Chapter OneThe harsh buzz of the doorbell shocked the knife out of Annabelle Fiore’s hand.She jumped back to avoid being nicked by the blade as it clattered to the floor. Just what I need right now . . . chop off my own toe.As Annabelle put the knife safely on the counter, the microwave clock rolled to 7:00. The Linggs were unfashionably punctual. She had been counting on their tardiness to give her time to finish making the salad.But Rosemarie and David weren’t expecting to be entertained. Her friends were here to distract her from pre- opening-night jitters, relax her—they’d be happy to sit in the kitchen while she cooked. Annabelle crossed the foyer and opened the door of her Greenwich Village brownstone. The final aria from Tosca, piped through her high- end sound system, tumbled into the raindarkened street.“Welco—”A person dressed in black—not Rosemarie, not David—pushed Annabelle backward. A hand, gloved despite the balmy night, grasped her forearm. A steel- toed boot kicked the door closed.Annabelle opened her mouth. The quick intake of breath needed to scream accelerated her downfall. A cloying, harsh scent burned her nose and mouth as a thick square of damp cloth pressed into her face. The bold tones of the Roger Selden abstract paintings on the foyer wall faded into the distance. Annabelle’s knees buckled, and the gloved hand released its grip.Falling, she glimpsed a flash of metal.Her attacker’s fist opened, revealing a small glass vial. Annabelle’s last coherent thought formed. Why me, dear God, why me? skeleton justiceChapter TwoGet back where you belong.Dr. Jake Rosen could hear his boss saying it as he looked down at Annabelle Fiore. The opera singer’s olive skin had blanched to white; her arms lay stiffly at her sides. Jake reached out to touch her wrist. Her eyelids fluttered.The living are not your concern.That’s what Pederson would say if he knew his leading forensic pathologist was at St. Vincent’s Hospital conducting a physical exam of a living victim. As deputy chief medical examiner of the City of New York, Jake spent most of his working hours at crime scenes or in the autopsy suite of the morgue. The chief ME, Charles Pederson, frowned on unauthorized field trips. Gently, Jake turned Fiore’s right arm to examine the inner side. There, in the crook of her elbow, was a tiny puncture where a needle had been inserted to draw blood. He studied it closely. No multiple attempts, not even much bruising around the site.The emergency room physicians and residents who had treated Fiore the night before wouldn’t have noticed this. They had saved Fiore the night before wouldn’t have noticed this. They had saved the opera singer's lofe by evaluating her injuries from a medical standpoint. To them, the lack of trauma at the blood-extraction site was good news: no treatment required, so they could focus all their attention on her compromised central nervous system. To Jake, that tiny, perfect puncture was significant. Whoever had attacked Fiore knew how to extract blood from a vein. This was not the work of an amateur. Not a random act of violence.His gaze traveled down the length of her arm. There, near the wrist, were three distinct bruises. Her assailant had gripped her arm tightly and held her until she stopped struggling. Just as with the first four victims.Jake hadn’t examined them, but he’d been briefed by Vito Pasquarelli, lead detective on the case. The first attack had occurred over a month ago. A young mother on the Upper WestSide had responded to a knock on her door in the middle of the day. The next thing she remembered was waking up groggy from ether-induced unconsciousness. She, and the police, had assumed the attacker had come to rob her. Except nothing was missing from her home.It wasn’t until hours later that she noticed the tiny needle mark in the crook of her arm. The police shrugged it off. She hadn’t been harmed. It was weird, but weird was status quo in New York. File a report and move on.Then it happened again. A teacher in the Bronx, an investment banker in Battery Park City, a foreign tourist attending a pharmaceutical conference in midtown. None of them seriously hurt, all of them thoroughly freaked-out. It didn’t help that somewhere along the line the tabloids started calling the stalker “the Vampire.”Although Jake didn’t subscribe to the media melodrama, skeleton justice he did understand the public’s fear. New Yorkers, blasé aboutdrive-by shootings and shoves onto subway tracks, were terrified by a guy with a needle. He’d seen it often enough in his medical training—hulking football players who stoically endured compound fractures, then passed out when the nurse arrived to give them a tetanus shot; gang members who survived knife fights, only to whimper when it was time to be sewn up. Needles were scary.And now the Vampire had nearly killed someone, a famous someone, not with his needle, but with an overdose of ether. Jake pulled a stethoscope from his pocket. He’d had to search to find one; it wasn’t an instrument he had much use for in the normal course of his day. Fiore stirred slightly as he listened to her heart. The beat was steady, but the rate was slow, consistent with having been drugged into unconsciousness. This is where the Vampire analogy fell apart. Vampires, the kind who lived in Transylvania and flapped around in black capes, didn’t anesthetize their victims. And apparently, New York’s vampire wasn’t too adept at it.Of course, even a trained anesthesiologist could easily make a mistake with ether. That’s why it wasn’t used much anymore. And if you were administering the drug via a soaked rag, getting the dosage right became even more problematic. Perhaps the biggest surprise was that an overdose hadn’t happened until Fiore, the fifth victim.Annabelle Fiore’s central nervous system had been seriously depressed. She would have died had her friends not arrived shortly after the attack. The effects still hadn’t worn off. Jake would have liked to ask her some questions, but although she stirred slightly as he examined her, she was only semi-conscious. An interview would have to wait.Jake turned away from the hospital bed just as a short, rumpled man entered the room.“Hey, you made it!” Detective Vito Pasquarelli shook Jake’s hand enthusiastically. “Thanks for coming. Have you looked at her?”“Yes. It’s hard to draw much of a conclusion, given that I didn’t get to examine the others. But if their blood- draw sites were as perfect as Ms. Fiore’s, I’d say you’re dealing with someone with some medical training.”Pasquarelli nodded. “What about the ether?”“Hard to know if the overdose was accidental or intentional.He seems to have given her quite a bit more than the others.” Jake ran his hand through his hair, moving his style further along the scale from casually wild to unkempt. “But here’s a thought that occurred to me. I know you said none of the victims is acquainted with any of the others. But you might want to ask them if they have any ties to a person who works around laboratory animals.”“You mean like rats and mice? Why?”“When researchers conduct experiments on animals and then have to autopsy them, they often kill them with an overdose of ether. That’s the most common use for the drug these days.” Vito perked up as they walked toward the elevator. “And a medical researcher would know how to draw blood, right?”Jake nodded. “And how to test it. Which is what I’d like to do.”“Our CSI guys already did that. No trace of drugs in any of them. Nothing hinky.”Jake grinned. “Funkiness is in the eye of the beholder. Send the samples over to me. I’d like to run my own tests.”“You got it.” The packed elevator arrived and the men descended in silence.“What do you think he does with it?” Vito asked as the impatient crowd pushed past them into the lobby.“I think he tests it, just like I’m going to do with it,” Jake said.The detective looked relieved.Jake raised his hand in a mock toast. “Unless he drinks it.”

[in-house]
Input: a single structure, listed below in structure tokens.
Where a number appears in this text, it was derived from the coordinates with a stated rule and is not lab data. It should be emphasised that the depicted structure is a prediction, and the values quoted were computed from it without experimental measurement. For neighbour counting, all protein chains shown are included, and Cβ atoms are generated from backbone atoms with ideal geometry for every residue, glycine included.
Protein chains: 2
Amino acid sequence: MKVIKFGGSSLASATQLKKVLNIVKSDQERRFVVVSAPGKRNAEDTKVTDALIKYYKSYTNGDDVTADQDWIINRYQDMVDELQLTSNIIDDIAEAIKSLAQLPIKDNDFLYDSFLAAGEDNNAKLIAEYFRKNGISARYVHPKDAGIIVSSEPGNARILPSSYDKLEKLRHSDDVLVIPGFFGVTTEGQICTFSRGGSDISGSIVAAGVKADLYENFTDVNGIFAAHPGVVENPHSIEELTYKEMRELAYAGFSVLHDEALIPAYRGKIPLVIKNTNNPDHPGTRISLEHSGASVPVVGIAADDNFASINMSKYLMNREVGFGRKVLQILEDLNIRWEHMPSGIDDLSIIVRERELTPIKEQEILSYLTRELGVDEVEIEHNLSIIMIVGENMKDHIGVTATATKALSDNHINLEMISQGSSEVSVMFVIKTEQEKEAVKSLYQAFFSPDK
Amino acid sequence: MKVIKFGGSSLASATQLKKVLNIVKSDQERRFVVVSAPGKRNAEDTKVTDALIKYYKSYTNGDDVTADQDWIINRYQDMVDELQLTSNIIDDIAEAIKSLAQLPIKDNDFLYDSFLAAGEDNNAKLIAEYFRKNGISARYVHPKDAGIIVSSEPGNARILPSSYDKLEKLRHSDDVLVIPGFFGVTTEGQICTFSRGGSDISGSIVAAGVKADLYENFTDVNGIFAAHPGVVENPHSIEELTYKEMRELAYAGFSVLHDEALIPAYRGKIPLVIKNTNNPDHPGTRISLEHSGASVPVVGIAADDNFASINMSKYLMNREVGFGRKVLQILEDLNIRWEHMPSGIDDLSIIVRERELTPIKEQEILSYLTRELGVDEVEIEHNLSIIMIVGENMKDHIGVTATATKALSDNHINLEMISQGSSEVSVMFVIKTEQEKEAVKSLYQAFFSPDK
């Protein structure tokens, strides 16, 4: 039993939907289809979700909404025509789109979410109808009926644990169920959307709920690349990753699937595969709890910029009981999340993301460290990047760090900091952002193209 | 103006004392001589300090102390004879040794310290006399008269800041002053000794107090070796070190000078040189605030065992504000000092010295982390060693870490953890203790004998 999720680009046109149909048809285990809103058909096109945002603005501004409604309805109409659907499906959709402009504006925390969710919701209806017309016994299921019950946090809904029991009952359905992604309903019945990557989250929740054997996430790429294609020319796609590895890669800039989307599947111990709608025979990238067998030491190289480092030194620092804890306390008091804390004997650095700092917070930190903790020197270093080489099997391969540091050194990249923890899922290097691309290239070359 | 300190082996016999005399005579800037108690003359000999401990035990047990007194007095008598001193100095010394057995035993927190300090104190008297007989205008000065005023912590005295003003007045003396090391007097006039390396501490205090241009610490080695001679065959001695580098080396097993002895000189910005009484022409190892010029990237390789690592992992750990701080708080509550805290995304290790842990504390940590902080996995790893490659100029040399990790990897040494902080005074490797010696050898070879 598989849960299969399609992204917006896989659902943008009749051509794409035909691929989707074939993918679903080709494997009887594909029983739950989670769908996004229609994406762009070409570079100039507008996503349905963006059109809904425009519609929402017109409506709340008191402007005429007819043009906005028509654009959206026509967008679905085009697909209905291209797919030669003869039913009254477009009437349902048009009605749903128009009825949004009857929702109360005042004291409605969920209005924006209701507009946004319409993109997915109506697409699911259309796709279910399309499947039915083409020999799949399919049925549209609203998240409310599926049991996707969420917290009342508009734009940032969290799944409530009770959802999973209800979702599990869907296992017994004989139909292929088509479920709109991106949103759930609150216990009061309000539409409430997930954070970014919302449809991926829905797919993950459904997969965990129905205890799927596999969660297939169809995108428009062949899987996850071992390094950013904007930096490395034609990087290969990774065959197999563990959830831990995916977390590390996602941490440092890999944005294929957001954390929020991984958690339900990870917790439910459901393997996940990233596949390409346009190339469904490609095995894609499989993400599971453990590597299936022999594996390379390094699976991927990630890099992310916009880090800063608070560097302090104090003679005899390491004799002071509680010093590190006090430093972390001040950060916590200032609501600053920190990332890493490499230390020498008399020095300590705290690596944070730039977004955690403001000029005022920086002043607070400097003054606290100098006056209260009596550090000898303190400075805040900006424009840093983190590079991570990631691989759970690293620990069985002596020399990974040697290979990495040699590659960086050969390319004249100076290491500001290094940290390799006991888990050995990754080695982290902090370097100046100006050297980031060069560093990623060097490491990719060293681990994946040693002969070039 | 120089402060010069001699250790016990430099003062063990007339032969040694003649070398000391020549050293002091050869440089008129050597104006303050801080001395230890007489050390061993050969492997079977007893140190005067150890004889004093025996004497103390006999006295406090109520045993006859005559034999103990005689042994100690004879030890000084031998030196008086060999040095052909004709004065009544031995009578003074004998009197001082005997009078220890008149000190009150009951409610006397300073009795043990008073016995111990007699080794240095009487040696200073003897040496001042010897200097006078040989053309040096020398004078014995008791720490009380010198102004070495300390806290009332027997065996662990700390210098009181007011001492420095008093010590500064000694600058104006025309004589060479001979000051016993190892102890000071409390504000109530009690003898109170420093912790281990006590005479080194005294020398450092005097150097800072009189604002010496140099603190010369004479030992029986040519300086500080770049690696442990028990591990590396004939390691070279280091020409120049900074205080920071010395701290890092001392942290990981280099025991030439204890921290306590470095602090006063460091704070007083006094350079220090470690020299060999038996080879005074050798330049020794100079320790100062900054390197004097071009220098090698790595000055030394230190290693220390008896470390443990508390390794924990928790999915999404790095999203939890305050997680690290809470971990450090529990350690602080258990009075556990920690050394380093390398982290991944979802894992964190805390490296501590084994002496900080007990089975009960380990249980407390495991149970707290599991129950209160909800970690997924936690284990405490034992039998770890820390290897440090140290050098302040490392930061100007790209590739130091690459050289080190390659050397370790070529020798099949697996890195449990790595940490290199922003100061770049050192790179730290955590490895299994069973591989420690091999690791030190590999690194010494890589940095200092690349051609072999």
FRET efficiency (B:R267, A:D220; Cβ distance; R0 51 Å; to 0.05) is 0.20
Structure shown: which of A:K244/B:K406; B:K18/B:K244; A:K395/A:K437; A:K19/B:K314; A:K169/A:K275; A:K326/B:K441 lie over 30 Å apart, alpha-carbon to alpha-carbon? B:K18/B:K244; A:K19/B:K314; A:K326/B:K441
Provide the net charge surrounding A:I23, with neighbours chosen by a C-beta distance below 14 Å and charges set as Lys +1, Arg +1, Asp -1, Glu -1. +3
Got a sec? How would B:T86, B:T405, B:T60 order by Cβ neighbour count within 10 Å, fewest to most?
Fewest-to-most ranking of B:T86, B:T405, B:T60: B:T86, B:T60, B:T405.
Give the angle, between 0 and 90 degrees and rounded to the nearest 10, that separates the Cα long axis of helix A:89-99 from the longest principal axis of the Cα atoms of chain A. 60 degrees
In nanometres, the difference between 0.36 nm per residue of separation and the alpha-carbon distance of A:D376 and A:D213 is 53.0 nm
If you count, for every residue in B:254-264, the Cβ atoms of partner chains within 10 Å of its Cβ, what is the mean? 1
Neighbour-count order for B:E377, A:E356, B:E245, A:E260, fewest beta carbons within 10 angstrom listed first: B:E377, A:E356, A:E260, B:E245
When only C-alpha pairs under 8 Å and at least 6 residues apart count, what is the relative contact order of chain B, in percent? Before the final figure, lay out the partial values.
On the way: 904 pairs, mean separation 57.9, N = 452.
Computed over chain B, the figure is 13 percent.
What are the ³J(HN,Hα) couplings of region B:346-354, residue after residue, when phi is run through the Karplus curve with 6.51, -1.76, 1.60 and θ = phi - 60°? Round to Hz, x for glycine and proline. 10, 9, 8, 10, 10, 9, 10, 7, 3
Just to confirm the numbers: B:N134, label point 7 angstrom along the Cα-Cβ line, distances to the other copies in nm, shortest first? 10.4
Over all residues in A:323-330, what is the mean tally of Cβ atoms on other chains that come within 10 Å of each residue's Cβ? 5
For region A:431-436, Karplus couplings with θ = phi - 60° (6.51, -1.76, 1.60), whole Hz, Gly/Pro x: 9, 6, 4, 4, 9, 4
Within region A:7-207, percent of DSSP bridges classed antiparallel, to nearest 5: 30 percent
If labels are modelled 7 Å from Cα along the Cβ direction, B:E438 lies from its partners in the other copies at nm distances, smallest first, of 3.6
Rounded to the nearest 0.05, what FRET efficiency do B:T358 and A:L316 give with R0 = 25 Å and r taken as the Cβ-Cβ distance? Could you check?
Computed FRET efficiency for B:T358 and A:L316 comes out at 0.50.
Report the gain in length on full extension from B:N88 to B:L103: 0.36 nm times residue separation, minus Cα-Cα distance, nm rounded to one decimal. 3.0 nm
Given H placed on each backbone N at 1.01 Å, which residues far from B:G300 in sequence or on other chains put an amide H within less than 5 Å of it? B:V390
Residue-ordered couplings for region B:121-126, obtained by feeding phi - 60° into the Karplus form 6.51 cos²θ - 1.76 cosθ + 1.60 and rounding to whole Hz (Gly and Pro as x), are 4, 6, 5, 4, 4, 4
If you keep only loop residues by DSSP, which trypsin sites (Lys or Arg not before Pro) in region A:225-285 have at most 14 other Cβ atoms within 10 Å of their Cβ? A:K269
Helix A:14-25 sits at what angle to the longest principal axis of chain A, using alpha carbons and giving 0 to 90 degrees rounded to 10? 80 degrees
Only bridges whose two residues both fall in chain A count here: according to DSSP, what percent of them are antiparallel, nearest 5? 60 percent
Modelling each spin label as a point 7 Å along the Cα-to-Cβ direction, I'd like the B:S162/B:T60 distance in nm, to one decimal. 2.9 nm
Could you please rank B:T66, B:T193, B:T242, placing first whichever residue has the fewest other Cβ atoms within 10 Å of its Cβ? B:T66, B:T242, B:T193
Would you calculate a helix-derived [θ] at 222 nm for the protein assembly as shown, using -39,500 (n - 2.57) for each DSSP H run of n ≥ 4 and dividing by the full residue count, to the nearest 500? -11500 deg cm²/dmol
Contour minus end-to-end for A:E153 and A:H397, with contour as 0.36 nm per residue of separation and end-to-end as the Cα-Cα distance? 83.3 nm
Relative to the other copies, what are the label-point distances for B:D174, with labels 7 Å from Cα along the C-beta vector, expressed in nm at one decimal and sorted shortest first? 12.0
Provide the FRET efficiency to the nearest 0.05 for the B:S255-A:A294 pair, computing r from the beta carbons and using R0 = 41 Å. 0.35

From the Hardcover edition.